by Sean Setters
During their visit this past weekend, my wife's parents bought us an orchid that now resides on our dining room table.
While we often have an orchid around the house, the intriguing pattern on this particular orchid's blooms along with its conspicuous location meant that it wouldn't take me long before I was motivated to drag it into the studio to see what I could do with it.
In terms of difficulty, I'd rank orchids in the medium range as far as flowering subjects go.
I find flowers with deeper structures to be more difficult to capture in a captivating way, but the unique shapes found in orchid blooms, along with the blooms close proximity to one another, can make them challenging to photograph.
So what trait makes an orchid
an excellent subject for the budding (pun intended) flower photographer? In a word – longevity.
Typically speaking, an orchid will bloom once or twice a year and those blooms will last anywhere from 2-4 months.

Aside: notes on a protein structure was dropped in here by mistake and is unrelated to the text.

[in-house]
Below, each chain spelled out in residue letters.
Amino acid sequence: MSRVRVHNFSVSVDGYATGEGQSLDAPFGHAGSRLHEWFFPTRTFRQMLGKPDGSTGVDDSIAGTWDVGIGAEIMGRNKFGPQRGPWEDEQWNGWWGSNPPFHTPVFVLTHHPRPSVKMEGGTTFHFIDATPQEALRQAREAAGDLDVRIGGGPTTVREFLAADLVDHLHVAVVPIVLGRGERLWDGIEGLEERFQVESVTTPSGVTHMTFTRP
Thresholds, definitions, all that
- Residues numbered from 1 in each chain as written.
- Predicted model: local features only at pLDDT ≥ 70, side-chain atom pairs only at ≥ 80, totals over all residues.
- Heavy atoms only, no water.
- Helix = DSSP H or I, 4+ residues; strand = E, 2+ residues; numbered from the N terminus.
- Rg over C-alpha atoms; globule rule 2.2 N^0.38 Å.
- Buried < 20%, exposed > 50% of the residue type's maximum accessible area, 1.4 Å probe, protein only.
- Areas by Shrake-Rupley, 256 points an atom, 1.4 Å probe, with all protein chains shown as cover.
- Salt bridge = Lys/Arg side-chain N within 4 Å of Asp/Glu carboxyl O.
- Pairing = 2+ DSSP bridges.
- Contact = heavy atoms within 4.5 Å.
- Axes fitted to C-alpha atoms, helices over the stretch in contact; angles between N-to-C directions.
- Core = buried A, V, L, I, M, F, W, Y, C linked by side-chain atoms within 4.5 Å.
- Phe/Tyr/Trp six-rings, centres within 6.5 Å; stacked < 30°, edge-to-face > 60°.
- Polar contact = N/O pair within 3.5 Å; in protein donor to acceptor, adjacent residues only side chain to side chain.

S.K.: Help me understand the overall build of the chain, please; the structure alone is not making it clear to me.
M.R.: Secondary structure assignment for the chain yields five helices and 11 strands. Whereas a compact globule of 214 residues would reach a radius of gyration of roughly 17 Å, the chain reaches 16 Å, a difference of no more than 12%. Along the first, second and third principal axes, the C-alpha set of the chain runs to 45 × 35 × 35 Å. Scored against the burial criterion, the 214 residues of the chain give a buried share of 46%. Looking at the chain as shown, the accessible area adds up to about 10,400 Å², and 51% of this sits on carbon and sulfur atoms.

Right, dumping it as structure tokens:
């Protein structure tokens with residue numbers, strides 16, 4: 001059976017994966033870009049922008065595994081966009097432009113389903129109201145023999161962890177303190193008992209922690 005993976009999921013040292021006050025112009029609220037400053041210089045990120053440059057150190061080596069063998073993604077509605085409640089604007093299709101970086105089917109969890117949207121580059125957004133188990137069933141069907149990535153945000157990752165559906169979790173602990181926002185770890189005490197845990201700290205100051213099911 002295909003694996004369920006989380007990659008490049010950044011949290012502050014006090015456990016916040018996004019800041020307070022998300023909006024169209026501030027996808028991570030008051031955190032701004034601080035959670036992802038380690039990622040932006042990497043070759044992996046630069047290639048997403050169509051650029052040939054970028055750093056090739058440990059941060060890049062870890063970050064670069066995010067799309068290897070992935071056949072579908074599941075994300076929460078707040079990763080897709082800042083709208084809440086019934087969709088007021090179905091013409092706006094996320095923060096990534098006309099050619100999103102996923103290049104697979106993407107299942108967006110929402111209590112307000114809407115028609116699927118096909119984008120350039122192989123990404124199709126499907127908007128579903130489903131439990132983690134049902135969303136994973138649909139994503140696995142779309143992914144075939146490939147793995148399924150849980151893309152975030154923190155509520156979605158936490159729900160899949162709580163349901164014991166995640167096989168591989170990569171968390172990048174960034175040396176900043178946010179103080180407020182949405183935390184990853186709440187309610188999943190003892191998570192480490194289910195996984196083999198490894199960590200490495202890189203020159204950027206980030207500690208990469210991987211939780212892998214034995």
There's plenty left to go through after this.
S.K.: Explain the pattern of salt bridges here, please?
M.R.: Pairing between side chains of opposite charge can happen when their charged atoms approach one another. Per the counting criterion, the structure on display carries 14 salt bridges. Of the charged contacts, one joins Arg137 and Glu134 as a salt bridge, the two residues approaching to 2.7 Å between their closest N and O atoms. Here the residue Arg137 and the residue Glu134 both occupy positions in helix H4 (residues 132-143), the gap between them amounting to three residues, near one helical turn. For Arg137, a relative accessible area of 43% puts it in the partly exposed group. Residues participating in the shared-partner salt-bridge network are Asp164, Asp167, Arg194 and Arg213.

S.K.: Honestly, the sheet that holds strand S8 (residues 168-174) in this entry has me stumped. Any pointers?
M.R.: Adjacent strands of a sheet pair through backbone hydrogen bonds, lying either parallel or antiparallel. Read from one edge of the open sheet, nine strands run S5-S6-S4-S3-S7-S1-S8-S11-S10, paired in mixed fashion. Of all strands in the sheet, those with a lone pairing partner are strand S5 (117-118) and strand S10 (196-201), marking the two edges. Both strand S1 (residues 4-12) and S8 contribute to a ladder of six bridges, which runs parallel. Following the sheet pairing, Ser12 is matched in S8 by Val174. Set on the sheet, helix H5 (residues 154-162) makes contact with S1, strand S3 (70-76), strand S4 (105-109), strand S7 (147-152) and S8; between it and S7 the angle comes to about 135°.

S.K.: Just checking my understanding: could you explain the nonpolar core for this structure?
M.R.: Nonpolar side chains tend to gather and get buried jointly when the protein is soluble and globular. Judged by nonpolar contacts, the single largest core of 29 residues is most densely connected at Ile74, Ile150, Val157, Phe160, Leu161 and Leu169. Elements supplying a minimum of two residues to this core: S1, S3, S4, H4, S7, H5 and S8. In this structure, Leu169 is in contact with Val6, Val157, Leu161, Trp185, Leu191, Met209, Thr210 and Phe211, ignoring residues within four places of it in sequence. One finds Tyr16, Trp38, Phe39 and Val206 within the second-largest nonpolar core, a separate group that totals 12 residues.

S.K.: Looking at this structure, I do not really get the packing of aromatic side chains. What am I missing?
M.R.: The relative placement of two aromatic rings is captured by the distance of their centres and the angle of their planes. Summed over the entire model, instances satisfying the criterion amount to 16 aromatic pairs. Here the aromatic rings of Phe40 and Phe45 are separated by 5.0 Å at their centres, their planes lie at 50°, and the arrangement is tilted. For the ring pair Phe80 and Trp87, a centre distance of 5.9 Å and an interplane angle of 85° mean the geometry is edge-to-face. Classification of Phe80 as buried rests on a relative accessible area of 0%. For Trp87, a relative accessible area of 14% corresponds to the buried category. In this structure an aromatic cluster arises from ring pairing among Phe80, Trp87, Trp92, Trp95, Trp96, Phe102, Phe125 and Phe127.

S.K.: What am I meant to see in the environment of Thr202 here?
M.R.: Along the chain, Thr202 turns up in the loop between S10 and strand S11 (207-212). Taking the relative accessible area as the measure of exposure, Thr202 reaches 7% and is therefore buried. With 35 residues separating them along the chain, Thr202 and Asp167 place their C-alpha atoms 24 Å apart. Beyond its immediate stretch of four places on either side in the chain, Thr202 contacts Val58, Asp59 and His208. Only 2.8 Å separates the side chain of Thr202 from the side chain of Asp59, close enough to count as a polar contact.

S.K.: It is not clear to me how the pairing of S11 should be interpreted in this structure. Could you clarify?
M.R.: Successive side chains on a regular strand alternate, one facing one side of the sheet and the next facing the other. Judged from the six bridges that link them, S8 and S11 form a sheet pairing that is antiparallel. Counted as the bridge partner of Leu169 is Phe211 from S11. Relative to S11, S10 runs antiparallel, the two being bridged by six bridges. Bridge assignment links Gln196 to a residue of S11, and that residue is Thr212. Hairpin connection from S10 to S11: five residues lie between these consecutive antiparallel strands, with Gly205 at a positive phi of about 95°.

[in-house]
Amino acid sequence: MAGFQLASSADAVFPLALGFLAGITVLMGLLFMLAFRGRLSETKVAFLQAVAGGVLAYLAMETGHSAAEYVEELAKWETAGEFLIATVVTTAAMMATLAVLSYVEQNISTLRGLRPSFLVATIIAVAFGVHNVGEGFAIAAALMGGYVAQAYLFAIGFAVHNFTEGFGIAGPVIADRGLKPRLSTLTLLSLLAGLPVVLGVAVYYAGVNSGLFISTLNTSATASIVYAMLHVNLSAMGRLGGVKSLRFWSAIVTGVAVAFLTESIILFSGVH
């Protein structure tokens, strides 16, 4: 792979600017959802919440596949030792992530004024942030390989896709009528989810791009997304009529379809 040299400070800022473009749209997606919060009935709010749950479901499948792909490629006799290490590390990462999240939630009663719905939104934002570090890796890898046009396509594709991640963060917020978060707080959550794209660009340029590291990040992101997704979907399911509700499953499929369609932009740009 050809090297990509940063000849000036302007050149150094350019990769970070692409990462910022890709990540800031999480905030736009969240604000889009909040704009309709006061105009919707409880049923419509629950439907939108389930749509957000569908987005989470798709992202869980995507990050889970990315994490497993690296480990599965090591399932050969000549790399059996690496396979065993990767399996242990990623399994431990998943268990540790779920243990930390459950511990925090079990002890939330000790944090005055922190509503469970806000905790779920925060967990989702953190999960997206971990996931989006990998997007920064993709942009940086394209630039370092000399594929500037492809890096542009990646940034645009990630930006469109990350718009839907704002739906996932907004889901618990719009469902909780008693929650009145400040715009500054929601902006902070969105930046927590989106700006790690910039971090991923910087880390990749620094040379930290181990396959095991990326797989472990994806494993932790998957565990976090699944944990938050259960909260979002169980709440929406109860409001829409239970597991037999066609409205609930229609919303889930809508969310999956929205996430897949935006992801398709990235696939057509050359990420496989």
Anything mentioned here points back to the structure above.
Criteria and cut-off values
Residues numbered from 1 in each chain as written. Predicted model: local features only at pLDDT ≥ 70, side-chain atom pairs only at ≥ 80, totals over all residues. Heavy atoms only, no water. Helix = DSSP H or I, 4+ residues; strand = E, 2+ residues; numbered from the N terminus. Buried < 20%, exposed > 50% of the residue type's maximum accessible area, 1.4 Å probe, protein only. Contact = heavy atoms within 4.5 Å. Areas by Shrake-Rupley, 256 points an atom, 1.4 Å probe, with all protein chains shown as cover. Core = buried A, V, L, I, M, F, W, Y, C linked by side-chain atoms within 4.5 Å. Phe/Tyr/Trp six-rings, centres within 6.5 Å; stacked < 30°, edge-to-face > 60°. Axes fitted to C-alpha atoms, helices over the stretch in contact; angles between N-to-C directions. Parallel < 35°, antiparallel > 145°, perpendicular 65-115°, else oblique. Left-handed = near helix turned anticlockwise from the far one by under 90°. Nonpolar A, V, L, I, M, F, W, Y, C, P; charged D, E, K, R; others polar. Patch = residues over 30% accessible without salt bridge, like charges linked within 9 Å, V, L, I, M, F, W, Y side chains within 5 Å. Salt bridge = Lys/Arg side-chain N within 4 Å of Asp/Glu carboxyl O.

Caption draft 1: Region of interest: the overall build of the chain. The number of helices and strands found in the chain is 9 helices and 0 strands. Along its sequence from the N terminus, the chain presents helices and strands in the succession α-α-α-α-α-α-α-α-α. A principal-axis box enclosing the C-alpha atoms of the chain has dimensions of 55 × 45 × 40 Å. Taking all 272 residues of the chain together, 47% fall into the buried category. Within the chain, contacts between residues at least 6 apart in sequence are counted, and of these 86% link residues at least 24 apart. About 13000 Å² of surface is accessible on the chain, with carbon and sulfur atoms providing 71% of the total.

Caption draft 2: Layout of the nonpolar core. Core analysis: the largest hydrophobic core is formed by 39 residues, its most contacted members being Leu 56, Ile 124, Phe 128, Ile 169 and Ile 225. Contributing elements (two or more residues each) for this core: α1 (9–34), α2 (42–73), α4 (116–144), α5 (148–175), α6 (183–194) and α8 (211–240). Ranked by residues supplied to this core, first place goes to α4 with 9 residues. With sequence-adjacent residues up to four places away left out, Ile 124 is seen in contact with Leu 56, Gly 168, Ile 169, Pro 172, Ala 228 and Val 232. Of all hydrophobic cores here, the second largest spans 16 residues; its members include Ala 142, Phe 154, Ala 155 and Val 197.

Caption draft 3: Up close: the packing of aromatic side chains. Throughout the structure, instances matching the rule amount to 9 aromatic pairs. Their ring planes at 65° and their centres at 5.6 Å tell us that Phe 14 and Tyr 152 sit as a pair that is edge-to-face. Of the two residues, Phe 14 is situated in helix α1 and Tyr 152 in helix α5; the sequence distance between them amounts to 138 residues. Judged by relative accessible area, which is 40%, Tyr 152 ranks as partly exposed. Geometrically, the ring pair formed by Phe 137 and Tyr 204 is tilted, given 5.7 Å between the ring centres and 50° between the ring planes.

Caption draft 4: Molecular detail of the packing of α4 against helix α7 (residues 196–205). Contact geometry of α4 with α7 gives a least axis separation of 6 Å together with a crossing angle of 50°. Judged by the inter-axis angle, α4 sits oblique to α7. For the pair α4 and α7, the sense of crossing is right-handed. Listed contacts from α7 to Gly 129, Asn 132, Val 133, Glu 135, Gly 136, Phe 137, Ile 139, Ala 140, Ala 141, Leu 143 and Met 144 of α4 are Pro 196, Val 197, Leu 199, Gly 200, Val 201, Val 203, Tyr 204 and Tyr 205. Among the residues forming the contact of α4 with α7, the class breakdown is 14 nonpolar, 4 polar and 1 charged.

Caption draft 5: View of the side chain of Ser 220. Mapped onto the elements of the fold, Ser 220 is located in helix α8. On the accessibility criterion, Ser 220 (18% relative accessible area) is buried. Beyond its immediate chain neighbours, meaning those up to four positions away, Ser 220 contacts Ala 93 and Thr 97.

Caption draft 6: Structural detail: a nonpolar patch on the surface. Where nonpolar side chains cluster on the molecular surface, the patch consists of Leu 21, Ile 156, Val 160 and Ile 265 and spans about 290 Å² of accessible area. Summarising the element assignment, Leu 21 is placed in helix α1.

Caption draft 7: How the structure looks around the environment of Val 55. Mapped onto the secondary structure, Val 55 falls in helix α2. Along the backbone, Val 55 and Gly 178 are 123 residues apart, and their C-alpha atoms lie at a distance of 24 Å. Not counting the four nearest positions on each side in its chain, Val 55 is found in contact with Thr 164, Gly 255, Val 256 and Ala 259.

To put that into perspective, a rose bloom typically lasts only about a week (to be fair, though, some rose plants bloom repeatedly).
Even the low end of an orchid's longevity range provides a busy photographer with ample opportunities to photograph the plant before its blooms disappear.
In fact, one of the busiest photographers I know often uses orchids in the sample photos of his reviews
For the image atop this post, I used a Canon EOS 5D Mark III
and Canon EF 100mm f/2.8 USM Macro Lens
set to f/8, 1/160 sec, ISO 100.
I captured 19 incrementally focused frames using Magic Lantern's
Focus Stacking feature (use Magic Lantern at your own risk – the Canon EOS RP
has a focus bracketing feature
The lighting was provided by two radio triggered studio lights placed to the left and right of the camera (the right one was behind the subject) with gridded strip boxes.
For a larger resolution version of the image, check out my Flickr photostream